But it’s not all doom and gloom. There are operations across the U.S. that do very well. There will never be a replacement for that human connection. There will always will be people for whom making that connection is difficult. This is not all about tits and ass, not at all. Build it and they will come? Not any more. People require much more today, because so much is available with the click of an app.
We can ask ourselves the right questions. In 2005, an article in Ink magazine said that Las Vegas’ entertainment revenues (food and beverage) surpassed gaming revenues. What was originally looked at as a loss leader in Vegas, now was the primary reason people were going. According to the Las Vegas convention and visitor’s authority, in 2015, what percentage of people were coming to Las Vegas for the purpose of gaming? The answer was 10 percent. It just seemed obvious, the answer was there all along.
What about grocery stores? You went there to buy your groceries, right? Now you get your groceries, do your banking, pick up your prescription and get Starbucks on the way out. Obviously this is way oversimplified, but you understand what I’m getting at.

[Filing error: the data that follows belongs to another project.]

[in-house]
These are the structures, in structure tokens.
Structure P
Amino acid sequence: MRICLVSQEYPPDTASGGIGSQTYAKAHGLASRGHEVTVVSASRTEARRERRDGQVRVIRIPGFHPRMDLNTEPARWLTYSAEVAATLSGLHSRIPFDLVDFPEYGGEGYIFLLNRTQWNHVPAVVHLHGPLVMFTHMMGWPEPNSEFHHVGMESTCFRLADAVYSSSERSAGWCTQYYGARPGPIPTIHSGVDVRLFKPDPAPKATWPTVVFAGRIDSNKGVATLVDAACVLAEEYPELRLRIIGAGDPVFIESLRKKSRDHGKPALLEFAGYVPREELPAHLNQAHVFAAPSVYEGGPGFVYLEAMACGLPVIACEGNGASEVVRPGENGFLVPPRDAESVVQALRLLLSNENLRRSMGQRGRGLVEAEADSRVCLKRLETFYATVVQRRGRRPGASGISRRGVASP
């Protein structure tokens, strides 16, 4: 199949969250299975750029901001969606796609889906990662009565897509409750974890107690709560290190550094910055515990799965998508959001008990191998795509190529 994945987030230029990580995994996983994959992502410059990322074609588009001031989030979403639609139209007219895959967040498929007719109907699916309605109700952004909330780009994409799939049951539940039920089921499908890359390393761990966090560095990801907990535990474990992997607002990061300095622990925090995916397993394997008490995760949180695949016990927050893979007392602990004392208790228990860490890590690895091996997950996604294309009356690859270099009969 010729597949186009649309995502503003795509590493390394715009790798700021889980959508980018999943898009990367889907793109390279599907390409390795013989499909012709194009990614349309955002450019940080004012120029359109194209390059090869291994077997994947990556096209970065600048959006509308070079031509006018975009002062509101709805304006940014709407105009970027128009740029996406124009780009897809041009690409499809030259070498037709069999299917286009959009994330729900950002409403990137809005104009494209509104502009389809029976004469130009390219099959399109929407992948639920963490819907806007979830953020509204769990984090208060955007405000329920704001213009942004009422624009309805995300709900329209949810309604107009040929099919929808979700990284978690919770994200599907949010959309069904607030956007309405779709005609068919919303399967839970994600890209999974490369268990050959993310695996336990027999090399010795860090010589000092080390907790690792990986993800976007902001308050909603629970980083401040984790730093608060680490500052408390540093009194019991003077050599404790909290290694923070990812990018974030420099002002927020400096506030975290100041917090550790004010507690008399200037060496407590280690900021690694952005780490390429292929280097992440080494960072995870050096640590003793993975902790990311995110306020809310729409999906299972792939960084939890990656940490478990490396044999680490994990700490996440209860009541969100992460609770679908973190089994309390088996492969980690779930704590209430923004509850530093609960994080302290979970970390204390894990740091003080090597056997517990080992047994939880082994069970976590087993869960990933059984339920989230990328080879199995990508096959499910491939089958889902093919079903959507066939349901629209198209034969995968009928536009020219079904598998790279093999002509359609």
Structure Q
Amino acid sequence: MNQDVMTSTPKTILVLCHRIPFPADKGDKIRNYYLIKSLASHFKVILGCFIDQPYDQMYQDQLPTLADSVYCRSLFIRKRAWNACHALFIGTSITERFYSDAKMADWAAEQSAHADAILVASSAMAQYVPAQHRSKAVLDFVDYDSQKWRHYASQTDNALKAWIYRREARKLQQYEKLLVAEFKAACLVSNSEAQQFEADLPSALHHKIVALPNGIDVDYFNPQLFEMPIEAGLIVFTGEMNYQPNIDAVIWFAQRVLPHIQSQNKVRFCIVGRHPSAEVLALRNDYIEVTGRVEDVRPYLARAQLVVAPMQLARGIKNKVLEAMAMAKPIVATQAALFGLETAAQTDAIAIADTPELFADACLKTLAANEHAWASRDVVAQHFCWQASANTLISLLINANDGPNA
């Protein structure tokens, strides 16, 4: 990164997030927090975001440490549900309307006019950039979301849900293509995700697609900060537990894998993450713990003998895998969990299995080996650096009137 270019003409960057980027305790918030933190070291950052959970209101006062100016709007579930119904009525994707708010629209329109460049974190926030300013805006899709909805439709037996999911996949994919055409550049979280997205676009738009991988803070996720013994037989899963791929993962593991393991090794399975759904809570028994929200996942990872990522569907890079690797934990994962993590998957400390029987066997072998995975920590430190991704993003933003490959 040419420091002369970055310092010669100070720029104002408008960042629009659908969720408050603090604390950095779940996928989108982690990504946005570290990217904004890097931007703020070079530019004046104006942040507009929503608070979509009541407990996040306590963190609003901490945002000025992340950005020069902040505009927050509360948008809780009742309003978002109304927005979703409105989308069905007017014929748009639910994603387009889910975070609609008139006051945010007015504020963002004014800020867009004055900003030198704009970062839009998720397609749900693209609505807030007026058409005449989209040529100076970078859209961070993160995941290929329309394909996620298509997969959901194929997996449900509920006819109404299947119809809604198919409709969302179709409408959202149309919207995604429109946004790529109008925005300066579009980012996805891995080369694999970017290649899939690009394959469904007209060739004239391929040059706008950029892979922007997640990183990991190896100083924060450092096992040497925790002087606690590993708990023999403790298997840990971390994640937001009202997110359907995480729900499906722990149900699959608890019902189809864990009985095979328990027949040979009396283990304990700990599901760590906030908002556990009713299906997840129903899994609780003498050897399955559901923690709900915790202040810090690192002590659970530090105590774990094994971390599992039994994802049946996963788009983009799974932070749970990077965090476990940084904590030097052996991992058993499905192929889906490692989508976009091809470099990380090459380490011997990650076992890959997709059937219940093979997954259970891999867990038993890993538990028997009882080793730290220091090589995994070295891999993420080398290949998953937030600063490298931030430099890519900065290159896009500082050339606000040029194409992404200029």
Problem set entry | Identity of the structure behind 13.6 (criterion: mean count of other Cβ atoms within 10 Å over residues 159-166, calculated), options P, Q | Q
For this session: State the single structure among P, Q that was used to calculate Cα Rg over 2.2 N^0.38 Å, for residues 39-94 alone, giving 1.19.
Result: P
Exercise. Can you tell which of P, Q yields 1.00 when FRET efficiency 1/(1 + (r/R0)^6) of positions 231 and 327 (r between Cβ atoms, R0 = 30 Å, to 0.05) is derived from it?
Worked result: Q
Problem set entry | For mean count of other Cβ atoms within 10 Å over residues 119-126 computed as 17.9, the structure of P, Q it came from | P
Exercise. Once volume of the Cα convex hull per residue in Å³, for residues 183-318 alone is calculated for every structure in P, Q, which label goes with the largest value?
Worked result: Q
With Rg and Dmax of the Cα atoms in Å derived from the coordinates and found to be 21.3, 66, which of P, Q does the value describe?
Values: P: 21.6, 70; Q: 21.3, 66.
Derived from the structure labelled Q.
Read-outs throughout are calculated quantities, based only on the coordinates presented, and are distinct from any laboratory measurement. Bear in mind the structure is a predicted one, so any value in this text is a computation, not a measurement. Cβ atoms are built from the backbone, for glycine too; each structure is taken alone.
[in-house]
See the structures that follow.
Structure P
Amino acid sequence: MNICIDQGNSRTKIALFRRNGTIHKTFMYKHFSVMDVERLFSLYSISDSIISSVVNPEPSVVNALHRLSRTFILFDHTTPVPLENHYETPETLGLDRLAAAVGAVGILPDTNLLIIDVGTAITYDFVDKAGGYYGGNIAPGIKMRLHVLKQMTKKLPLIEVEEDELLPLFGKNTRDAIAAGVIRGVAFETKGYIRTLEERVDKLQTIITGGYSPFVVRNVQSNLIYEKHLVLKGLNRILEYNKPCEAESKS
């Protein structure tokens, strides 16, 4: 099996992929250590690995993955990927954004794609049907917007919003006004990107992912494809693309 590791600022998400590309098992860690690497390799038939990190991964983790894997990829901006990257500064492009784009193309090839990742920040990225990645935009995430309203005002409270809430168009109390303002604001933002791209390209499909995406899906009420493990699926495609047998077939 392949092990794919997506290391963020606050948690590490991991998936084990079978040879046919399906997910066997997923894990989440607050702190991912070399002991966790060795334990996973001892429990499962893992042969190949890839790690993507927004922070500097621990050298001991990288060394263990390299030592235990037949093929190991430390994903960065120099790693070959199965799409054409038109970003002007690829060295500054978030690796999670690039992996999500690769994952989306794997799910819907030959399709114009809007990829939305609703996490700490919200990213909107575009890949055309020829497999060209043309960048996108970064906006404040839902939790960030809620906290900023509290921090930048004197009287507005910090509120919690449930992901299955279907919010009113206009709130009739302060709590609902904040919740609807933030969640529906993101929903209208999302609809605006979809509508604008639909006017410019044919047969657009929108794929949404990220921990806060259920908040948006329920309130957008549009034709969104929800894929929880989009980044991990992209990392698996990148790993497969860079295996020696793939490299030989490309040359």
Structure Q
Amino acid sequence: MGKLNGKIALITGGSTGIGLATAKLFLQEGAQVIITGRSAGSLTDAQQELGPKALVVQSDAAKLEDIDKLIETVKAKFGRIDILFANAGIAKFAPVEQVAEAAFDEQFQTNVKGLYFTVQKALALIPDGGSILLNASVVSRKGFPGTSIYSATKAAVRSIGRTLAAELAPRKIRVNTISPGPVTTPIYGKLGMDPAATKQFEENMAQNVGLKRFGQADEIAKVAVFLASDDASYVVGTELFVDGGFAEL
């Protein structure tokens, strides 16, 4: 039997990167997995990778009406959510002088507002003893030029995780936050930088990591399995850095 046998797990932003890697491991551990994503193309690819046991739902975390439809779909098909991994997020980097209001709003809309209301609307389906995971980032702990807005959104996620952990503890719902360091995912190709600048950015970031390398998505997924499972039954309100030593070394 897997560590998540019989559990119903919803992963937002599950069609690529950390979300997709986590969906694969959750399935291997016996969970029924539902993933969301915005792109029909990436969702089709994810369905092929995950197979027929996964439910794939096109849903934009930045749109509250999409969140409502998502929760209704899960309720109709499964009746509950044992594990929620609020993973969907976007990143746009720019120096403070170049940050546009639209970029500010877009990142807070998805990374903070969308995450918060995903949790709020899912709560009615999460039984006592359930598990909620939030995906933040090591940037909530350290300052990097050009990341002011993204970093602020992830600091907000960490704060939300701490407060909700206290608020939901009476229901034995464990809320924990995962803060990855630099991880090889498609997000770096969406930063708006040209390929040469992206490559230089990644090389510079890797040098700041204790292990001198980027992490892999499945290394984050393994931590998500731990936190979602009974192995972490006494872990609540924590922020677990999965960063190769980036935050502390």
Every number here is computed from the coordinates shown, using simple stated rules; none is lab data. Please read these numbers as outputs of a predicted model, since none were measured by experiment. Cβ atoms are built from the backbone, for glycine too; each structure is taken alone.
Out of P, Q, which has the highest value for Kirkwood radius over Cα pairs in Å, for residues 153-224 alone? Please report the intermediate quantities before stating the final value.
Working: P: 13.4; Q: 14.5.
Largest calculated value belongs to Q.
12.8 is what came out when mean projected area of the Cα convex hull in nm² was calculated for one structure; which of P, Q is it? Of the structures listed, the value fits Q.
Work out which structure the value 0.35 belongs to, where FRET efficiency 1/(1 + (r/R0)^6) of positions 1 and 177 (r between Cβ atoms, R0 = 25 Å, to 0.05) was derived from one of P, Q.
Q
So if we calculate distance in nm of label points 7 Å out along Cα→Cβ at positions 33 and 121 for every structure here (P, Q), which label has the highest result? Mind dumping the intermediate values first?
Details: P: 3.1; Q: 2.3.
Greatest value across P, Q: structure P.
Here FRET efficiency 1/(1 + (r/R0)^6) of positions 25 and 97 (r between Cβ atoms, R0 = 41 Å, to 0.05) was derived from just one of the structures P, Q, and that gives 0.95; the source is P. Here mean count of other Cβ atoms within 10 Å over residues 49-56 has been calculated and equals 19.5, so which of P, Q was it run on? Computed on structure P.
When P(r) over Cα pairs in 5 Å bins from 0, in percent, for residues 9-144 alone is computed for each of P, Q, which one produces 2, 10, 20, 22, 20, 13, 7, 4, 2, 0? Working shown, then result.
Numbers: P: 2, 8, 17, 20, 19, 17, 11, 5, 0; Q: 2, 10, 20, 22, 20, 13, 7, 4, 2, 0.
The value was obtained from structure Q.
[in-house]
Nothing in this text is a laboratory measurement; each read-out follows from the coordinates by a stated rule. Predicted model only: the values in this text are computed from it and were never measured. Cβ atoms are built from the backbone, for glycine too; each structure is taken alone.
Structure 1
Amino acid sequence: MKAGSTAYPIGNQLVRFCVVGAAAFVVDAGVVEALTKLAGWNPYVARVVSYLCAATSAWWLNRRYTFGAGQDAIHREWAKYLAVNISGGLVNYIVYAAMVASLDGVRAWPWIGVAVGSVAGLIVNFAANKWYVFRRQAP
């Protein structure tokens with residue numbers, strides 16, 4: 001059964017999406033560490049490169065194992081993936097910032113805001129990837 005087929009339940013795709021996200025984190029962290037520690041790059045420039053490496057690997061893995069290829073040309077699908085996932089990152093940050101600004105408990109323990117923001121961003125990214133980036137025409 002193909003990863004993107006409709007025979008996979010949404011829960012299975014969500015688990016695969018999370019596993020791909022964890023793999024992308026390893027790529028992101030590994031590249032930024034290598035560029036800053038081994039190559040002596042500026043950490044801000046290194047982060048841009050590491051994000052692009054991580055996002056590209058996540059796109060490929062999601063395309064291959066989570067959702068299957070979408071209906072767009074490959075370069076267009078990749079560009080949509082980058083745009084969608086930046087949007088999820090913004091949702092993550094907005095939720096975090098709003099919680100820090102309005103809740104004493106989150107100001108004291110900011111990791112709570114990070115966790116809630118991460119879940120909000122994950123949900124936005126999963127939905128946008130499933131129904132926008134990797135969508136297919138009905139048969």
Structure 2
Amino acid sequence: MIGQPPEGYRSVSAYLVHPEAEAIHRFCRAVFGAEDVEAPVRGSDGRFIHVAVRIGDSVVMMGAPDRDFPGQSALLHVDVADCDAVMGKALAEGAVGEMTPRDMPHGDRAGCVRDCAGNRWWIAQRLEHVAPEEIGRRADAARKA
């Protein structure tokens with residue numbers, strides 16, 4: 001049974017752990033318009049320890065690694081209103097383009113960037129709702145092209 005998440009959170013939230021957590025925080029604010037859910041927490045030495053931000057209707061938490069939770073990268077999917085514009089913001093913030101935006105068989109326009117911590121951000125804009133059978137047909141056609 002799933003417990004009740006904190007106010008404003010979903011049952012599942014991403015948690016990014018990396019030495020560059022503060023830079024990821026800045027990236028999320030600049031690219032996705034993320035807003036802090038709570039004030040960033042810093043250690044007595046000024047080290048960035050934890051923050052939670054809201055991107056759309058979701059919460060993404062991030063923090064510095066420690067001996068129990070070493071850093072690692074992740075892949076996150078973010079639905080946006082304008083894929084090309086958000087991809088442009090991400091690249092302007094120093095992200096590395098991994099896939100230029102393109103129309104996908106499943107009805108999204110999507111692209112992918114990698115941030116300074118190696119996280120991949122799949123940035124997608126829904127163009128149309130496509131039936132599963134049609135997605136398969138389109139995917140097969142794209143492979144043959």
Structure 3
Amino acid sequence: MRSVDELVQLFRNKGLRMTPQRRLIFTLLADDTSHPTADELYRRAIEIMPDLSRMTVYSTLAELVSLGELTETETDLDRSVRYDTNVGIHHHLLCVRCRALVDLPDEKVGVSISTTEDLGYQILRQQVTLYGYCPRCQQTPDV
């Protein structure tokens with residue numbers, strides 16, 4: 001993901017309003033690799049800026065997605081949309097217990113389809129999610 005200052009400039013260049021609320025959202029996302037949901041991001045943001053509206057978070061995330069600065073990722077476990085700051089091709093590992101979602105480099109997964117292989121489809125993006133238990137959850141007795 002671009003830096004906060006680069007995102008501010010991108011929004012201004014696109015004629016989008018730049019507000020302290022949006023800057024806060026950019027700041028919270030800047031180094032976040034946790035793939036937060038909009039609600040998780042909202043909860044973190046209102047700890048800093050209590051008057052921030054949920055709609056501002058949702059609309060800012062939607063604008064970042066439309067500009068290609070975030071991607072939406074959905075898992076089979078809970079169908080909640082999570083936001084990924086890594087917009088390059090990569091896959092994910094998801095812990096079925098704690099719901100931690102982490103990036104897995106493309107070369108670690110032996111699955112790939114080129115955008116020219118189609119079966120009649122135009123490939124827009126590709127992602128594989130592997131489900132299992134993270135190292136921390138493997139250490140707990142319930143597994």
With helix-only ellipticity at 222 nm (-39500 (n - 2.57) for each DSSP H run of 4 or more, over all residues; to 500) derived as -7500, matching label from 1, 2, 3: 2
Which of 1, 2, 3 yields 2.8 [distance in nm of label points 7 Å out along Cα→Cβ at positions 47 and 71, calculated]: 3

In this industry, there is also diversification that you can follow. Tootsie’s in Miami [owned/operated by the Rick’s Cabaret chain] is a 70,000-square-foot virtual playground with a sports bar right in the middle of it, that offers food, several
other features. And the restaurant concept of Bombshells [also owned by Rick’s] offers a diverse business model for sure. Eric Langan gets it, follow that leader.
Jason Mohney gets it. He and his father, Harry Mohney, have been innovating for decades. They never miss an opportunity, never leave a marketing stone unturned, never fail to try new things and new businesses (magazines, cam websites, etc.), they even have a great karaoke bar here in New Orleans. Follow that leader.
Scott Lizza gets it. The Overall Club of the Year, as of last night [ED’s Awards Show]. Monroe’s has created one of the finest steakhouses in all of South Florida. Need proof? Maxim magazine compared it to the famous Peter Luger’s in Brooklyn. That’s a high bar. My brother, Dennis [DeGori], sometimes drives 90 minutes north just to eat at their restaurant.